Facebook is changing how it counts "likes" across its Pages for celebrities and businesses.
The social networking giant said Thursday it will no longer include likes from people who have deactivated their accounts or who have died. Facebook likes are an important measure of a Page's popularity and are a metric that advertisers closely watch.
The new like numbers, Facebook said, will be more accurate and give advertisers a better understanding of their audience.
"It's important to remember...that these removed Likes represent people who were already inactive on Facebook," the company said in a blog post. "Everyone benefits from meaningful information on Facebook."
Whether Facebook Page owners will appreciate the change is another question. Initially created as a way for celebrities and businesses to interact for free with Facebook users, Pages have been criticized for their opaque functionality.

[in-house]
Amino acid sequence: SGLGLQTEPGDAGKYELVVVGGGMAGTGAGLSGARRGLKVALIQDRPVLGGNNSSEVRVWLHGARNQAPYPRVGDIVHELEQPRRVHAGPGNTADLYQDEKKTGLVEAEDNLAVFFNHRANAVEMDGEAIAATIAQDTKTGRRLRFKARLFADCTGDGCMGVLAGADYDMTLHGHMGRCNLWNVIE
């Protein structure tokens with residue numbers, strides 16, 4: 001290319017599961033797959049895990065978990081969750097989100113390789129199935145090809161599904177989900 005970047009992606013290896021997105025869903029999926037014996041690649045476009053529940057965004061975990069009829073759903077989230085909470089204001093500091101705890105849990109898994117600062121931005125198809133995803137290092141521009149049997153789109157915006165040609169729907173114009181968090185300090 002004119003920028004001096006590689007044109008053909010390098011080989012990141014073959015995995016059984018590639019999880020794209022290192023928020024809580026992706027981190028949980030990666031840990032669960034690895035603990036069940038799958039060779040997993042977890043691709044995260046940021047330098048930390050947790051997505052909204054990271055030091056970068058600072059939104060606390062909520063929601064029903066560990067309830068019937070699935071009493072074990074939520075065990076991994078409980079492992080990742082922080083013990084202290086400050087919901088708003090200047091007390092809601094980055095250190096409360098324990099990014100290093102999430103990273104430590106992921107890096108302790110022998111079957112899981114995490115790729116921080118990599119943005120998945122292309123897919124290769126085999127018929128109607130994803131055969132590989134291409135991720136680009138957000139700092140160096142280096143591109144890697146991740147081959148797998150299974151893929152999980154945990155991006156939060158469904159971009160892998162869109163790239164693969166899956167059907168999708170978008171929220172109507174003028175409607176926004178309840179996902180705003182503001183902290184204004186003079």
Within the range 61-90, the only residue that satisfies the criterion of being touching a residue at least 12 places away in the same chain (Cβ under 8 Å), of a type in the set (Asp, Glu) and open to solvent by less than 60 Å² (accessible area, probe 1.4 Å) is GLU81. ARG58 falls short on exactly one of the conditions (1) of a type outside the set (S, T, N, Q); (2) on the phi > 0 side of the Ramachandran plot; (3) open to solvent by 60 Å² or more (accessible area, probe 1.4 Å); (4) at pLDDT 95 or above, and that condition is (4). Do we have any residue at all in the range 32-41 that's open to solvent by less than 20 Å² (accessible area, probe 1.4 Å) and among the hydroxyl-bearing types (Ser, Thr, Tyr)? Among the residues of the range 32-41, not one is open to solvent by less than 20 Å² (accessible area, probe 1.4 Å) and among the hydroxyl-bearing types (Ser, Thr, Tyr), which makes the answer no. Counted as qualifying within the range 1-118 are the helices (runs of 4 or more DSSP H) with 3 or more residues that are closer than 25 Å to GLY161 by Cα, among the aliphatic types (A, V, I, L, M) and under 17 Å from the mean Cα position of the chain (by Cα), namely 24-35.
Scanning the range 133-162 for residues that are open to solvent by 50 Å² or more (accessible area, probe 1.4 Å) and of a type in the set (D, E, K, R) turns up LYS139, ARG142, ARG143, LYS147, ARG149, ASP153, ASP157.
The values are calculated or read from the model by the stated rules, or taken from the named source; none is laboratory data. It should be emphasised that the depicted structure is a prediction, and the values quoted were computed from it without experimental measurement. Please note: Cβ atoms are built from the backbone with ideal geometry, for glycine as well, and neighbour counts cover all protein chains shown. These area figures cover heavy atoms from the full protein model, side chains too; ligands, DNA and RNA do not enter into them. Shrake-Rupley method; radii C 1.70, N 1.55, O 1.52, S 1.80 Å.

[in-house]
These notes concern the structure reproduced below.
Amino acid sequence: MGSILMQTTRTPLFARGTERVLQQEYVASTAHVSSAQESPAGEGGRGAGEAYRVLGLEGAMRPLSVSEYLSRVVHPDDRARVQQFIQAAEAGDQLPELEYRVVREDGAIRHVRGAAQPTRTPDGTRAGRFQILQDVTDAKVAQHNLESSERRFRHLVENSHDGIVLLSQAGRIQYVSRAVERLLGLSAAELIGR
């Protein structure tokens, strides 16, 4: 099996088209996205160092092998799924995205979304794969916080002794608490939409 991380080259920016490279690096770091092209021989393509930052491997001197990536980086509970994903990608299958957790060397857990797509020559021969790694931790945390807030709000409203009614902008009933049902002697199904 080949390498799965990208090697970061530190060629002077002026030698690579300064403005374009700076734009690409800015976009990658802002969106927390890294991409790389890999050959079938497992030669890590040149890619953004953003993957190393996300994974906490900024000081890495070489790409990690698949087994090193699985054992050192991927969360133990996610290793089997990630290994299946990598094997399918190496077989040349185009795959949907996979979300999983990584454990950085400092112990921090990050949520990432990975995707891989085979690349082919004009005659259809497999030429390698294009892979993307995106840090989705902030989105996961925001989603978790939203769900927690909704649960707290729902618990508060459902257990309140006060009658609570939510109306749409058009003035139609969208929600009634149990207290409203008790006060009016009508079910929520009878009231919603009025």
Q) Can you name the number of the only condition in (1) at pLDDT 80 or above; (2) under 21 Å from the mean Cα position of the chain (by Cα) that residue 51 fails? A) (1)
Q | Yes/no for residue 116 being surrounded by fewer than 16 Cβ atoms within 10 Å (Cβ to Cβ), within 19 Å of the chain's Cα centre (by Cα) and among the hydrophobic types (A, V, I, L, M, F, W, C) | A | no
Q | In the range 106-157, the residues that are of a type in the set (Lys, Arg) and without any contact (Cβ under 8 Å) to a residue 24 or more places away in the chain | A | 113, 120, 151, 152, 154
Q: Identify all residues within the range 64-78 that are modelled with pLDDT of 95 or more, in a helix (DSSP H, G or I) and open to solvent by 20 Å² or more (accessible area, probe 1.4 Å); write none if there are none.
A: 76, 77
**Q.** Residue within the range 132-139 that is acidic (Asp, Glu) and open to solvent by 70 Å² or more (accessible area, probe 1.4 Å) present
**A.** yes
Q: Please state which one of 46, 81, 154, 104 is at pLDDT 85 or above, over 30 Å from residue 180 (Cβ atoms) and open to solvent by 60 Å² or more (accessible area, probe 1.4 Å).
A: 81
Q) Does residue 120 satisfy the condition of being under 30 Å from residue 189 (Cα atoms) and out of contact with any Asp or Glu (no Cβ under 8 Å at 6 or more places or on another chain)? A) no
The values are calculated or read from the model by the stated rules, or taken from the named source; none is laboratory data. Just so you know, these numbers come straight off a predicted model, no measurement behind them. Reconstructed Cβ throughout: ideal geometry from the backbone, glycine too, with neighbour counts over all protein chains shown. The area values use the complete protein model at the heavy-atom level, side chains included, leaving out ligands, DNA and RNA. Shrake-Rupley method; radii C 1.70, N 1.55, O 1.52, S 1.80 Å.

In theory, users who like a Facebook Page will see new items posted to it. Because I like the Facebook page for "Star Wars," for example, I should see updates about the next film. But it doesn't always work that way. Facebook uses an algorithm to determine what types of posts I interact with the most, and that means some items from friends, family and Pages don't show up in in my feed each day.
Facebook has further tweaked its algorithm to, effectively removing unpaid ads sent through Pages.
Meanwhile, Facebook has been nudging Page owners to pay for ads instead. Last year, Facebook. It has also been expanding the types of ads that can be shown, , links and even .
But advertisers still want data, particularly to determine whether their Facebook campaigns have been successful. Facebook has already. Offering more accurate data about the users who like a Page is likewise meant to increase the accuracy of data.